The cardinals gather, just incase the Pope decides to pop his clogs.

Cesare tries to attack Dela Roverre

Regarding the historical accuracy of this episode - there was absolutely no accuracy to this at all. Whilst the Borgias had many enemies and doubtless would have dealt with many plots, Dela Roverre never conspired to poison the Pope and indeed the Pope was never poisoned with cantarella. Caterina Sforza also never sent  her assassins into the house of Vanozza Cattanei; the only assassination attempt she made towards the Pope was actually by sending letters that had been left to fester next to the body of a plague victim! Regarding Dela Roverre, he was always plotting for one way or another to get his hands on St Peter's chair but more often than not he'd run away from Rome at the first sign of trouble. He certainly wasn't taken into custody in such a way, nor did he escape in such a way only to run into Cesare's blade. I honestly wonder where the scriptwriters got half of these ideas because so many of them are just so unlikely it's laughable. Of course as the series goes on, I'm sure there will be many more points I can make about the accuracy of such plot points. And I'm sure you'll all be treated to a bit of a rant when the incest storyline gains a foothold. But we shall cross that bride when we come to it.

In any case, there are a few good points to the episode as well. As always, and as has been proven in previous series', the acting is top notch from the cast. Stand outs for me so far are Francois Arnaud, Holliday Grainger and Colm Feore. With Arnaud's Cesare you can really get a sense of how Cesare has grown - in the previous scene we see him as a cleric determined to be rid of his robes, and giving into the darkness of his soul. In this first episode we can really see how dark he is beginning to become, how important family is and how much he loathes the idea of religion. Grainger seems to have also really grown into her role as Lucrezia although I am sure we will be able to gain further ideas of this as the series goes on. And with Feore, you can really see how Cardinal Dela Rovere will grow to become the infamous Papa Terrible. Yet again the costumes and set designs are amazing, and the cinematography is second to none. Whilst I may dislike the lack of accuracy in the scriptwriting, I can't deny that the rest of the production is always stunning to look at.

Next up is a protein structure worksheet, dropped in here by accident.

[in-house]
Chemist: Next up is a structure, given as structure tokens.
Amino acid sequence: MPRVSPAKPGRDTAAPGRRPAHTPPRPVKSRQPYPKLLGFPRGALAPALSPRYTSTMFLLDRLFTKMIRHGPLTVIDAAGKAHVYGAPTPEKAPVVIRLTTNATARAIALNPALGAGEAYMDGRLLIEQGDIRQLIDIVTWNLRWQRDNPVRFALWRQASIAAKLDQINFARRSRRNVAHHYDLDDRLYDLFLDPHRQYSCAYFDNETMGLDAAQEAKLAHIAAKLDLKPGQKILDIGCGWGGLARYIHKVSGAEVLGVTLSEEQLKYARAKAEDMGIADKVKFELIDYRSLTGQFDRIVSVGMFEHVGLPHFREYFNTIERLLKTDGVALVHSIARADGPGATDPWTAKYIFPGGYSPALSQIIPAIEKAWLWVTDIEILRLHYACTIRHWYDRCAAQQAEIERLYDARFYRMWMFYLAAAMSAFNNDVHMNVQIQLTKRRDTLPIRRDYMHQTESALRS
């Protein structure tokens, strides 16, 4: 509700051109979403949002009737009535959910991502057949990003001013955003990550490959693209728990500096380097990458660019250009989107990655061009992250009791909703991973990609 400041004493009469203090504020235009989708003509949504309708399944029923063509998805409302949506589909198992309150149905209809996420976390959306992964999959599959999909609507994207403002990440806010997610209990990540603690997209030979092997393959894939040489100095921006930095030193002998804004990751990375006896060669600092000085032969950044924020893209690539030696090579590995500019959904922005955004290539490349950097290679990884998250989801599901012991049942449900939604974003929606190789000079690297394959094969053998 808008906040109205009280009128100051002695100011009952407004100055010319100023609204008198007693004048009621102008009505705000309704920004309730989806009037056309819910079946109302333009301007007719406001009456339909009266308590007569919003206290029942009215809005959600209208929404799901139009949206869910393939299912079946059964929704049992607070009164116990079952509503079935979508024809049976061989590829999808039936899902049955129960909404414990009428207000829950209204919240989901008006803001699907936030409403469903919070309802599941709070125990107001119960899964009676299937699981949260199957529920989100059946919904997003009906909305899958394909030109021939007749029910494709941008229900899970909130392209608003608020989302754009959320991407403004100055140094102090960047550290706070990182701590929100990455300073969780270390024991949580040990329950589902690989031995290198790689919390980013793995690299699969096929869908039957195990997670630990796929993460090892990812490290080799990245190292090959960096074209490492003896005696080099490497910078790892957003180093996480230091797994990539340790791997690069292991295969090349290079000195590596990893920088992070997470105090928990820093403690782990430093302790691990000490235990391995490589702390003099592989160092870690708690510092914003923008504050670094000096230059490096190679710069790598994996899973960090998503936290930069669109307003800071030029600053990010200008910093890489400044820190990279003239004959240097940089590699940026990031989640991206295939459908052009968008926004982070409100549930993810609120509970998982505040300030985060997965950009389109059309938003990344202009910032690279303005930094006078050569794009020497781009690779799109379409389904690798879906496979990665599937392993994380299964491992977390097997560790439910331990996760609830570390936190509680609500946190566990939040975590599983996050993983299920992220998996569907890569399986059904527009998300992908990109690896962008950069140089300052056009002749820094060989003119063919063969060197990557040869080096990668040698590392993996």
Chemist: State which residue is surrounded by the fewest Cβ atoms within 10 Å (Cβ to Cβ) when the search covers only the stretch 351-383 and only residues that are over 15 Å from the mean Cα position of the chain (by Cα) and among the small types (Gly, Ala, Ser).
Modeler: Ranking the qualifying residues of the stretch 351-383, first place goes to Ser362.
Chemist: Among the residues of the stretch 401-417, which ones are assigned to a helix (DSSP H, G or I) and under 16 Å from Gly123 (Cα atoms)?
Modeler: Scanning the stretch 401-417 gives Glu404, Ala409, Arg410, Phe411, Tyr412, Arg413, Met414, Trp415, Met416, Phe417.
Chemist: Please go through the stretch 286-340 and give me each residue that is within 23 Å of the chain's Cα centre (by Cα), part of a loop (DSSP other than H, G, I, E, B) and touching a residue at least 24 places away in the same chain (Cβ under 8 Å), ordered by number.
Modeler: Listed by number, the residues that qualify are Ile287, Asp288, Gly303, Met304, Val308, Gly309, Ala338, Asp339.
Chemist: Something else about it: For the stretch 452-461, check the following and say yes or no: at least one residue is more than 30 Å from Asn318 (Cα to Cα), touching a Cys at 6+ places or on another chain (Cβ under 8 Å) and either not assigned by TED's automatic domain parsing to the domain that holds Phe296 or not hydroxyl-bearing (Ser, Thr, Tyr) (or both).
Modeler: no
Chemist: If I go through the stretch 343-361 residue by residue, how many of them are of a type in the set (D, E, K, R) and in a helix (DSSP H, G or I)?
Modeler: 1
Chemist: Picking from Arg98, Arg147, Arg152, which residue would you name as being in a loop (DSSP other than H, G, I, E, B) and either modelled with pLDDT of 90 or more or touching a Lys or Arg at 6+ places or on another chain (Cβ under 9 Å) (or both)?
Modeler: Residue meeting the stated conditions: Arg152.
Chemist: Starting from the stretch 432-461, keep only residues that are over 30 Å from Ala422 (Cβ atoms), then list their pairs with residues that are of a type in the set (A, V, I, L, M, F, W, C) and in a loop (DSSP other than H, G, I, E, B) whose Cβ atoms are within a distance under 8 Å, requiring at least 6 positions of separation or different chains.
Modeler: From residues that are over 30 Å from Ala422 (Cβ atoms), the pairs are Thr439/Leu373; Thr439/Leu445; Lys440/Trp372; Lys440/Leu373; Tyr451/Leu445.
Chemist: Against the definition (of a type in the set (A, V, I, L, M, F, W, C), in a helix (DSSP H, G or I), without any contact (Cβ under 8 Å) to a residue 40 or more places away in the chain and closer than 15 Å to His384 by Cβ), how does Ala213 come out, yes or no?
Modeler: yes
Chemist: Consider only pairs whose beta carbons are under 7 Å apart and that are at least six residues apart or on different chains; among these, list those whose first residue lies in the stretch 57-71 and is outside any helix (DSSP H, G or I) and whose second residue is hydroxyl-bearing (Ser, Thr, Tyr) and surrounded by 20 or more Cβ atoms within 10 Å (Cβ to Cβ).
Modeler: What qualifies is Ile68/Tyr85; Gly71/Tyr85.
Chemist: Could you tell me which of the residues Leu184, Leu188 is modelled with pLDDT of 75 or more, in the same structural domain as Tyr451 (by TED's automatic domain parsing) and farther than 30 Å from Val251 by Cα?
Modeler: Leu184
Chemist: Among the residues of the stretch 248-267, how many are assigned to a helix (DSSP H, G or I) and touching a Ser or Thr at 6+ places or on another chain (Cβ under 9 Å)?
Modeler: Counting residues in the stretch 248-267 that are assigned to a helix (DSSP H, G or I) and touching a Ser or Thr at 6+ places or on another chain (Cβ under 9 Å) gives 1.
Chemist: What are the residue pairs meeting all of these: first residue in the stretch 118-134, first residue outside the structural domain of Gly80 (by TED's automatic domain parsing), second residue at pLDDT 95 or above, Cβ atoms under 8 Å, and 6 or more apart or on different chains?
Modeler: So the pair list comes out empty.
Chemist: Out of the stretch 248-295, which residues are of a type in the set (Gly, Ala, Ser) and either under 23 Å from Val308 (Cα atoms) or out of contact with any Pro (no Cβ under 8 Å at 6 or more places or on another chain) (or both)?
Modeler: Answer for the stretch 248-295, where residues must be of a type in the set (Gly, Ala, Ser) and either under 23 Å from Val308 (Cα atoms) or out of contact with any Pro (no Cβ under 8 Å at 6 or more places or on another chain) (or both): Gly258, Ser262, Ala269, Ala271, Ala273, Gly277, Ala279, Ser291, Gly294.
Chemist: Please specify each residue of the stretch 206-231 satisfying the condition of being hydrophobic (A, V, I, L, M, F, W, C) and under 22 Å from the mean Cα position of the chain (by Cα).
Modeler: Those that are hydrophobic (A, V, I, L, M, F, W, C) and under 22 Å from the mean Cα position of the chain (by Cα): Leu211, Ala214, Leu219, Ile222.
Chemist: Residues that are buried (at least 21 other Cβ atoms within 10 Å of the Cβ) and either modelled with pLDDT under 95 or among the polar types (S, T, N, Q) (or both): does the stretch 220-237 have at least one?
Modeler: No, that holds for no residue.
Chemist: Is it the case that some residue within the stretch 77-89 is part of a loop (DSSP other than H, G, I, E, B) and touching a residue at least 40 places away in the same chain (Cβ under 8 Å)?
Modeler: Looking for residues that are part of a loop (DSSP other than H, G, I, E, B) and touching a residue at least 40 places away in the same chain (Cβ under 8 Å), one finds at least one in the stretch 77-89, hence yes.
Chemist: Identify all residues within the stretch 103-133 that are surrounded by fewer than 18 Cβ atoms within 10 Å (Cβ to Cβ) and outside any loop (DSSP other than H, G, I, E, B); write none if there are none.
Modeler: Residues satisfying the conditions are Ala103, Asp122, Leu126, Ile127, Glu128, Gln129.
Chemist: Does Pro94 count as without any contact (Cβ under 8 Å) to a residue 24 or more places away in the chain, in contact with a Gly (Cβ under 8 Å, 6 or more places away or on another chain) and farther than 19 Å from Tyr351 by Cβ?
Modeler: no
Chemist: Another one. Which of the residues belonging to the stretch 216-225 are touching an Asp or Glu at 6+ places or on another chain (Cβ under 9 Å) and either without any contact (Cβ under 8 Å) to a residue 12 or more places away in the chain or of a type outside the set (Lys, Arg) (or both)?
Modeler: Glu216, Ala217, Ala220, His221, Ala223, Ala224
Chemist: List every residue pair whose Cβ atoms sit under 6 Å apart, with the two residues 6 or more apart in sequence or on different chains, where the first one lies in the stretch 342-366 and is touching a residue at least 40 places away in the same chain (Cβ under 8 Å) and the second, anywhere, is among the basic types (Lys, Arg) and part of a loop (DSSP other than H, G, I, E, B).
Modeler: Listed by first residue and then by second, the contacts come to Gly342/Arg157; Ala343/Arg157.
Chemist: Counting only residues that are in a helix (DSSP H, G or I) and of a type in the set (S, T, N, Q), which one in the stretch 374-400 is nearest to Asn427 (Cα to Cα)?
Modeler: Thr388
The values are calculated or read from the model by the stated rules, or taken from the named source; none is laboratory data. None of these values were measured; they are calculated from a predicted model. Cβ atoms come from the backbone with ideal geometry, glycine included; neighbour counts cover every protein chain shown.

Arnaud is rather good at making Cesare look broody

Cesare and Pope "Irons" Alexander

Cesare and Dela Roverre face off outside St. Peter's.

So what do I think so far? Not massively impressed but that may have something to do with the fact that I really have something against how a drama can be called "historical" if the only historical element is the name of a famous Renaissance family and the rest of the plot is so loosely connected to said family that it can't really be called historical at all. We'll see how the rest of the series goes but if I'm honest I'm not holding out much hope, especially when one of the main storylines is being said to be the incestuous relationship between Cesare and Lucrezia. As I said, we'll see how it goes. I can only hope that the other storylines get less ridiculous as the series goes on and that the acting and cinematography retains it's already excellent reputation. All in all, not as bad as I thought but still enough to make me disappointed enough not to watch the rest of the series.